Rich Ross’ new team is taking shape at Disney.

A month after taking the reins as chairman of the Walt Disney Studios, Ross on Wednesday unveiled an overhaul of the company’s marketing, distribution and operations arms that looks more like the upper ranks at a TV network than a studio.

With four senior execs overseeing key divisions and reporting directly to Ross, it’s a model that the former head of the Disney Channel is certainly familiar with. It also reflects the mindset of Walt Disney Co. president-CEO Robert Iger, whose background is in TV and who has frequently introduced ideas to shake up traditional studio habits.

Bob Chapek, formerly Disney’s homevideo boss, will now serve as president of distribution, managing the delivery of films and TV shows across multiple platforms, including theatrical, home entertainment, pay TV and digitally. The amount of duties are new for the post.

Chuck Viane continues to handle theatrical distribution and reports to Chapek.

The new title is a major promotion for Chapek, who has been key in driving Disney’s homevideo biz, a major moneymaker for the studio.

He also was instrumental in getting the studio to distribute more of its films and TV shows through new digital distribution methods, including on Apple’s iTunes service, over the years. It’s an area that Iger is especially interested in exploring further, now that studios are starting to re-evaluate the current state of release windows.

“Bob Chapek has been at the forefront of new technology for many years, and has the expertise and track record to guide and consolidate our future distribution efforts,” Ross said.

With technology expected to play a major role in delivering entertainment, most notably digitally, Disney has created the post of chief technology officer, with former Pixar tech guru Greg Brandeau filling that role. He had overseen technology at Pixar Animation from 1996 through 2001 and again starting in 2004.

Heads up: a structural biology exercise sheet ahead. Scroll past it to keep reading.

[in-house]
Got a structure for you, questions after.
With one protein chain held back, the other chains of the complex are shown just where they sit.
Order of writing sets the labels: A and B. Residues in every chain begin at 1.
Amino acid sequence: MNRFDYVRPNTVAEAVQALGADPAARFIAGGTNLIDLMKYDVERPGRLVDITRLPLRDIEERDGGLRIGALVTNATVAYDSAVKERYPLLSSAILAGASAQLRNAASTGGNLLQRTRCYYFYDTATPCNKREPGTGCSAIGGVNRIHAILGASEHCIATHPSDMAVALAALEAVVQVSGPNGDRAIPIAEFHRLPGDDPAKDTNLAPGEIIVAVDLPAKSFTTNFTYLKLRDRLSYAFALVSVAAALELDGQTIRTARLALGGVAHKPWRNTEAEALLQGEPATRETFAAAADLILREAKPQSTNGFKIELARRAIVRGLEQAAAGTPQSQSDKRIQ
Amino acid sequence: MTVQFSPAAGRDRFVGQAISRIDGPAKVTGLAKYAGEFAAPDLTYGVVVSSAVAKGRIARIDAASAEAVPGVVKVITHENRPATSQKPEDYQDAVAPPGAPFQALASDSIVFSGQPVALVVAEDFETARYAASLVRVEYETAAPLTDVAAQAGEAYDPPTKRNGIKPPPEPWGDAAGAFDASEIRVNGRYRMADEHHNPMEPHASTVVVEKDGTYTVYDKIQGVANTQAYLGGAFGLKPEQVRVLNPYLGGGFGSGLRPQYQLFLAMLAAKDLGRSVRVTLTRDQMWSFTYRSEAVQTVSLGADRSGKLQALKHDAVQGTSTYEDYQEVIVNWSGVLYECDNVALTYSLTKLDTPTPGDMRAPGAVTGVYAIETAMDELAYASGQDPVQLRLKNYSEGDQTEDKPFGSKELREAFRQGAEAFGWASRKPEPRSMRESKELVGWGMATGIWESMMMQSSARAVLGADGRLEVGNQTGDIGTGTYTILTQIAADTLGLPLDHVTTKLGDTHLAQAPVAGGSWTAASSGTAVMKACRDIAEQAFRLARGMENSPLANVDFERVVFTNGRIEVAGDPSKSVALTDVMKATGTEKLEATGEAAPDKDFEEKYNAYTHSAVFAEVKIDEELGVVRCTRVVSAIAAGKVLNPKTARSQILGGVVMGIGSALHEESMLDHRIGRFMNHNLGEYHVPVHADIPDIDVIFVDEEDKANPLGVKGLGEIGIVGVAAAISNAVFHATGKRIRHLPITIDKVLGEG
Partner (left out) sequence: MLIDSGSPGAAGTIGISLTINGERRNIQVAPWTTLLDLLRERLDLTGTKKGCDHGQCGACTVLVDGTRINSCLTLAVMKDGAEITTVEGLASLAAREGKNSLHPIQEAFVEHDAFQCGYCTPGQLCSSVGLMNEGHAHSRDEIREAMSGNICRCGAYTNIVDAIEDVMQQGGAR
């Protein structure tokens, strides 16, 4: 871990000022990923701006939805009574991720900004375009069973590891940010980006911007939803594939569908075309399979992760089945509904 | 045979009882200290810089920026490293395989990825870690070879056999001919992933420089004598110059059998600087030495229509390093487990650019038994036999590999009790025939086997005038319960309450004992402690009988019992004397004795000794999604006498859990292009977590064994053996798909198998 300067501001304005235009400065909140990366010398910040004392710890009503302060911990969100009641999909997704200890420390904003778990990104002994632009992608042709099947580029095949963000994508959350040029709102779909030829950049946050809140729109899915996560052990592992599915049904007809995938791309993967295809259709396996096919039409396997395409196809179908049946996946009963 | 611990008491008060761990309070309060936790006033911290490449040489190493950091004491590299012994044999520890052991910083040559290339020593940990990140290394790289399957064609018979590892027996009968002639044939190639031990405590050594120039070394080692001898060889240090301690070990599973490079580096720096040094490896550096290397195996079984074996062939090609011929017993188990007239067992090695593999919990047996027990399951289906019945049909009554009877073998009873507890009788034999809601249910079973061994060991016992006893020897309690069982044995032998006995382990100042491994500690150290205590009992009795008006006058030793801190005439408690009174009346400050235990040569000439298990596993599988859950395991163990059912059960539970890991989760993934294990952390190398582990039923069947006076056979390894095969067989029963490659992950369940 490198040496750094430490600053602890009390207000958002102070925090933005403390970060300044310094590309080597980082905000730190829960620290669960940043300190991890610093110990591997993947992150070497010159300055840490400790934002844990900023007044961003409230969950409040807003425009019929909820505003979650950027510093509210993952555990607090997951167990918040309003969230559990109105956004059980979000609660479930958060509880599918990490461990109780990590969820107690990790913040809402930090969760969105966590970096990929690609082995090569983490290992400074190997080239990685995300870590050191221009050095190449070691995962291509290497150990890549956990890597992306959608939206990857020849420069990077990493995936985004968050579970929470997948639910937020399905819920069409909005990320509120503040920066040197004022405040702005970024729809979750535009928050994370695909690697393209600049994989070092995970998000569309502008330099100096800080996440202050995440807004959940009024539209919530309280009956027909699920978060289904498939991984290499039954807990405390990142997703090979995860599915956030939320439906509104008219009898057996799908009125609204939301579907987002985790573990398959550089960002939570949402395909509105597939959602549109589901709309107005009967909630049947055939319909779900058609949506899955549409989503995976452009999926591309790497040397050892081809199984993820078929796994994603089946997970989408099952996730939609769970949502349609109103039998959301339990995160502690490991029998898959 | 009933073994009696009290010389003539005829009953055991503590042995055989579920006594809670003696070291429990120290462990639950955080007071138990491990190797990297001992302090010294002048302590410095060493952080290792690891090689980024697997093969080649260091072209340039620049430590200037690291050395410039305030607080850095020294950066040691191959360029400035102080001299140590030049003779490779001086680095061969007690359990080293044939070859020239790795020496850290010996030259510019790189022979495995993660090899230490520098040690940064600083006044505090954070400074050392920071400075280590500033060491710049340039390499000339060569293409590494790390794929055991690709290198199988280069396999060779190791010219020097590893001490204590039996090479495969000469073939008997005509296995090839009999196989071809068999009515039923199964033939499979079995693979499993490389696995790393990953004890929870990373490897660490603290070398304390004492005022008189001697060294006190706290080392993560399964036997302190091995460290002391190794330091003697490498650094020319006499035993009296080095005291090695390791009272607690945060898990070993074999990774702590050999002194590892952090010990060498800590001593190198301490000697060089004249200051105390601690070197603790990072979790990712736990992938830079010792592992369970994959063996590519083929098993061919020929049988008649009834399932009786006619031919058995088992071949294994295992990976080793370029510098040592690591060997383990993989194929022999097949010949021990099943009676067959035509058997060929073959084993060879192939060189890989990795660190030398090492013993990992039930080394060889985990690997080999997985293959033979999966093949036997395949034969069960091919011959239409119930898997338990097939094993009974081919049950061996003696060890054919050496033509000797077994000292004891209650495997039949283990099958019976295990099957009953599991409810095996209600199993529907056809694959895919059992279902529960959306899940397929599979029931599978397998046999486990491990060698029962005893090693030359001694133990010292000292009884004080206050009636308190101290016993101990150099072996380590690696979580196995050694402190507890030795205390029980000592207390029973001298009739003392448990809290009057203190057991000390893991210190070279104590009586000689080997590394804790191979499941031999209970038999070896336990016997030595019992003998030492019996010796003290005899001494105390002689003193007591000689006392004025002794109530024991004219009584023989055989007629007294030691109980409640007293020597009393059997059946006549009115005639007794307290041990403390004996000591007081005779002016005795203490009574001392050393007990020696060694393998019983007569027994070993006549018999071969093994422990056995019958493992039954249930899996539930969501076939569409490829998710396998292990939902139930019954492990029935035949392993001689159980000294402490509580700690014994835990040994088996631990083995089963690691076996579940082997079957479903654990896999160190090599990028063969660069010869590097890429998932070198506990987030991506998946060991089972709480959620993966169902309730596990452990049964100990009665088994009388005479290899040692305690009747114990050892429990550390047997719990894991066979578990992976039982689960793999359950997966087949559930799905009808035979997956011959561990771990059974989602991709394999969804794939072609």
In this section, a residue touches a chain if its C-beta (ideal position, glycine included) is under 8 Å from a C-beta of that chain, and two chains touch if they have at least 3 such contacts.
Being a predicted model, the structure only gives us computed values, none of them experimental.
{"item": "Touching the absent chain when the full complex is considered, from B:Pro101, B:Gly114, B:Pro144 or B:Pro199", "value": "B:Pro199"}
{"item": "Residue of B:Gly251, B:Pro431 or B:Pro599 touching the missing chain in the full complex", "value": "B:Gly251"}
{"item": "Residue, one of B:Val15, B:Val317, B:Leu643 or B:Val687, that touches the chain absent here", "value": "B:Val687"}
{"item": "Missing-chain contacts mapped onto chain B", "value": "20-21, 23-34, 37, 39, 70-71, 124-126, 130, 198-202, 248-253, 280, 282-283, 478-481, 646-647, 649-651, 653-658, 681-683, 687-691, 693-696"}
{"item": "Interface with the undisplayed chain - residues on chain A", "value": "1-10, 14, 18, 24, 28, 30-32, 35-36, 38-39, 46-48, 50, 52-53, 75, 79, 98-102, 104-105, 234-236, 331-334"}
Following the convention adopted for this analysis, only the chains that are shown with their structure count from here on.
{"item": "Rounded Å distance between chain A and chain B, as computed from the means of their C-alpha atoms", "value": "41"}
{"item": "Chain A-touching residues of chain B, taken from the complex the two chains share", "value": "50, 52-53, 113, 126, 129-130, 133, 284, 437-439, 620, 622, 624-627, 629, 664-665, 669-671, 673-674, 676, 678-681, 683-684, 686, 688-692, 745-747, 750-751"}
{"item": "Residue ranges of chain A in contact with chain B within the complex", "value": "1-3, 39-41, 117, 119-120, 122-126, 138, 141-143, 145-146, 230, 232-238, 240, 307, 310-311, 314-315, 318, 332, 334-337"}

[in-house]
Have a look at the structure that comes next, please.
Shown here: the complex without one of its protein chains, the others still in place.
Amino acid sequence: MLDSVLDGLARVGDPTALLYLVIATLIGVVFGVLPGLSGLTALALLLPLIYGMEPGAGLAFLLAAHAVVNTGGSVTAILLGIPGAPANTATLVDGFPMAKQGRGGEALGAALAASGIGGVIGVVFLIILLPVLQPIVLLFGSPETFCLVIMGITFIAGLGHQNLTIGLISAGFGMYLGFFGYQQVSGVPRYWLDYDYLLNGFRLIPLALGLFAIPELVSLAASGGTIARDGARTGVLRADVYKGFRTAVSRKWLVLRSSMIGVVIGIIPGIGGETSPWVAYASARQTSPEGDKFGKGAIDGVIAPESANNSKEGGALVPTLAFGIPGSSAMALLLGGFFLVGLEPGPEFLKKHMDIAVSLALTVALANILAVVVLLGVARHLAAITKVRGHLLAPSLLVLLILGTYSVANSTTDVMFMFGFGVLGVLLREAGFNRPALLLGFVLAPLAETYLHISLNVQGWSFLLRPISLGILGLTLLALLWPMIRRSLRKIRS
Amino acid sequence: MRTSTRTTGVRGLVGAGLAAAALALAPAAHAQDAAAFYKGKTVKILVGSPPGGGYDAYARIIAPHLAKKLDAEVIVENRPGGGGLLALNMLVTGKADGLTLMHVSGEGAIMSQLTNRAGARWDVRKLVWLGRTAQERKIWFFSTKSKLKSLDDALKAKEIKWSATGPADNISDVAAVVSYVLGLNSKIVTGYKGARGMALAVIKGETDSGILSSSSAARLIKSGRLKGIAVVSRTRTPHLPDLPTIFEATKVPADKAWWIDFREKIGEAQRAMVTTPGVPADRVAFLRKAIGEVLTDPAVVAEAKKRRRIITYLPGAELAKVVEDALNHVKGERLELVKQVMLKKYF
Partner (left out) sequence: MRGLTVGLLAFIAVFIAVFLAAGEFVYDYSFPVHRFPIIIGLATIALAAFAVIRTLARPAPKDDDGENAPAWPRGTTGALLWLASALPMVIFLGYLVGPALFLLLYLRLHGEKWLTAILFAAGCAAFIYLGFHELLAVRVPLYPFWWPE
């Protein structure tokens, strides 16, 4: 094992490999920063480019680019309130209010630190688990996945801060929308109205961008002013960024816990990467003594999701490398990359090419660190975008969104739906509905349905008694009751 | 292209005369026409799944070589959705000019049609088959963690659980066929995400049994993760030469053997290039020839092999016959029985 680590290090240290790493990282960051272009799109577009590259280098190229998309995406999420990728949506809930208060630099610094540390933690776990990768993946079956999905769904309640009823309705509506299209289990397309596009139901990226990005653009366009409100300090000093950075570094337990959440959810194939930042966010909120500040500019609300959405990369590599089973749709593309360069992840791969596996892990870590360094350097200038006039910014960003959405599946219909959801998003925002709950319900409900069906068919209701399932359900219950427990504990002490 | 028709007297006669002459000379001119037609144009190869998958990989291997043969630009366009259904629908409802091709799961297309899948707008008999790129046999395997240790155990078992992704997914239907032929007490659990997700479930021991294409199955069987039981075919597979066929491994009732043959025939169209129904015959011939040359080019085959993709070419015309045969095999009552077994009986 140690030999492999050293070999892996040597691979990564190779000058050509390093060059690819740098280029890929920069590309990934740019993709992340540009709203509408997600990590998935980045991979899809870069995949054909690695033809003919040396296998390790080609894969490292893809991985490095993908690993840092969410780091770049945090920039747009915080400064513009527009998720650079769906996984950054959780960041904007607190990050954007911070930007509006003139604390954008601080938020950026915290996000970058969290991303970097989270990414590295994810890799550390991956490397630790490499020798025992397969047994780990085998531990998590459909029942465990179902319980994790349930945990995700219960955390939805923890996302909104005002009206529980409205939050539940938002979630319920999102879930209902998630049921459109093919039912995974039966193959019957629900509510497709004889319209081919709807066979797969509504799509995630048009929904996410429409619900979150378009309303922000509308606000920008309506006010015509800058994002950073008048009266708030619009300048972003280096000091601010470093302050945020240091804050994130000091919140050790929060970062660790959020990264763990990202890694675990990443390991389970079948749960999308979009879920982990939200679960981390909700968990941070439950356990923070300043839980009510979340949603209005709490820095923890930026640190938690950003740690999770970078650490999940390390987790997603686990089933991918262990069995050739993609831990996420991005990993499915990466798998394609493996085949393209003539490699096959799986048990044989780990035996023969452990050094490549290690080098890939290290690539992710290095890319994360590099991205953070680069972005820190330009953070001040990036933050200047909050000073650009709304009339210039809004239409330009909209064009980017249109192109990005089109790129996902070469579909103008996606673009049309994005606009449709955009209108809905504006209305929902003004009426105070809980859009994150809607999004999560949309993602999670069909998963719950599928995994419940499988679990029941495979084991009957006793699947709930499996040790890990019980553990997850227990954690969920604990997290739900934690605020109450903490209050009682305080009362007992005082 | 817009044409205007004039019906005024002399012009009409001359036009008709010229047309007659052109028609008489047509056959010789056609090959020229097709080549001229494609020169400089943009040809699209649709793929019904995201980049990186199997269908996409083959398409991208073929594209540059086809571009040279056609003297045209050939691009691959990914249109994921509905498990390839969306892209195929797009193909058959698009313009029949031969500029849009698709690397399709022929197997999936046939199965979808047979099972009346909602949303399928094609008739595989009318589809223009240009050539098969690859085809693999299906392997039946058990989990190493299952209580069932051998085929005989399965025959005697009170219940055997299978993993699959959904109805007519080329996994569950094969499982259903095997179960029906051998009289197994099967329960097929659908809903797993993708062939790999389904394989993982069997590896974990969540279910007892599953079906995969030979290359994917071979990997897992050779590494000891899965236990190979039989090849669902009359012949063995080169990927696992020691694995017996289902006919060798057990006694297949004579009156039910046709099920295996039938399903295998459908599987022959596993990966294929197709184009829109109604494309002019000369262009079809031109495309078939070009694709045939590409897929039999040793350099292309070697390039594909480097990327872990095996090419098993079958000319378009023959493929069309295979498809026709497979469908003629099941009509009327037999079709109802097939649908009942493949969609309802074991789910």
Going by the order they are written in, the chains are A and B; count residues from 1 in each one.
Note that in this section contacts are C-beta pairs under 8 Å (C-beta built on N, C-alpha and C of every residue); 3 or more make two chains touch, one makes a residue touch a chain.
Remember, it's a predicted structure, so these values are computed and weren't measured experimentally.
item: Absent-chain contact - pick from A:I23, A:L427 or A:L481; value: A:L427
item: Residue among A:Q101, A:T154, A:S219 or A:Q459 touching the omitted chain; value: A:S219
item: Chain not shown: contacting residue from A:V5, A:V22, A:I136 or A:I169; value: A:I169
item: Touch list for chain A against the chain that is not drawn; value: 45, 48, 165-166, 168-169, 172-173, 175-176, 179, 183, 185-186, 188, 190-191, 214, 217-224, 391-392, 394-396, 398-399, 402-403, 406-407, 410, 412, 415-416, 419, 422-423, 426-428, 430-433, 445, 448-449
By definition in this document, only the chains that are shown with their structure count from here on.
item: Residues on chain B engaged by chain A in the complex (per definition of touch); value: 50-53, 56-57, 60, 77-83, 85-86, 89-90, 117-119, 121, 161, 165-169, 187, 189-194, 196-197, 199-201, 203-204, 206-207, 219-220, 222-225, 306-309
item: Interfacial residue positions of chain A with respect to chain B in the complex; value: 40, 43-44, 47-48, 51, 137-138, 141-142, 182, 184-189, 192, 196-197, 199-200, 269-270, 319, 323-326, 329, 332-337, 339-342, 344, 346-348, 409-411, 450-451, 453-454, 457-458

As Disney focuses more heavily on exploiting its top brands, oversight of its key franchises like “Pirates of the Caribbean” and “National Treasure” will now be handled by Walt Disney Studios prexy Alan Bergman, who also oversees the Muppets Studio and Disneynature docu label. He also guides post-production, business affairs, legal affairs and finance.

The development and production of live action features will continue to be headed by Oren Aviv as president of Walt Disney Studios Motion Picture Production, who will now also oversee physical production.

Ross still needs to tap a marketing prexy. The studio is in an unusual position of not having a marketing exec at all, with Mark Zoradi having resigned as president of worldwide marketing and distribution of the Walt Disney Studios Motion Pictures Group on Monday, and studio marketing prexy Jim Gallagher no longer at the company because of the restructuring moves.

A new marketing maven is said to be announced shortly. It’s a post Ross is especially keen on, considering he was hands-on when it came to marketing franchises like “High School Musical” and “Hannah Montana” while at the Disney Channel. The hire, who will shepherd campaigns for live-action and animated films, as well as pics released by Miramax, DreamWorks, and the home entertainment arm, is likely to come from outside of the Mouse House, those close to the company said.

Ross also needs to tap an exec to oversee Miramax Films after Daniel Battsek said he will ankle as prexy of the specialty label at the end of January. Moving forward, Miramax will only produce three pics per year.

The restructure came as Disney is set to announce its third-quarter earnings today.

“A certain amount of change is inevitable as we move to adopt a new strategic approach to the way we make, market and deliver our films.” Ross said in a statement. “The way today’s audiences and consumers experience our movies, home entertainment, and other multi-platform programming is rapidly changing as new technology offers more options than ever before. The studio restructuring will embrace new possibilities and opportunities, and find innovative ways to provide quality entertainment that is readily available.”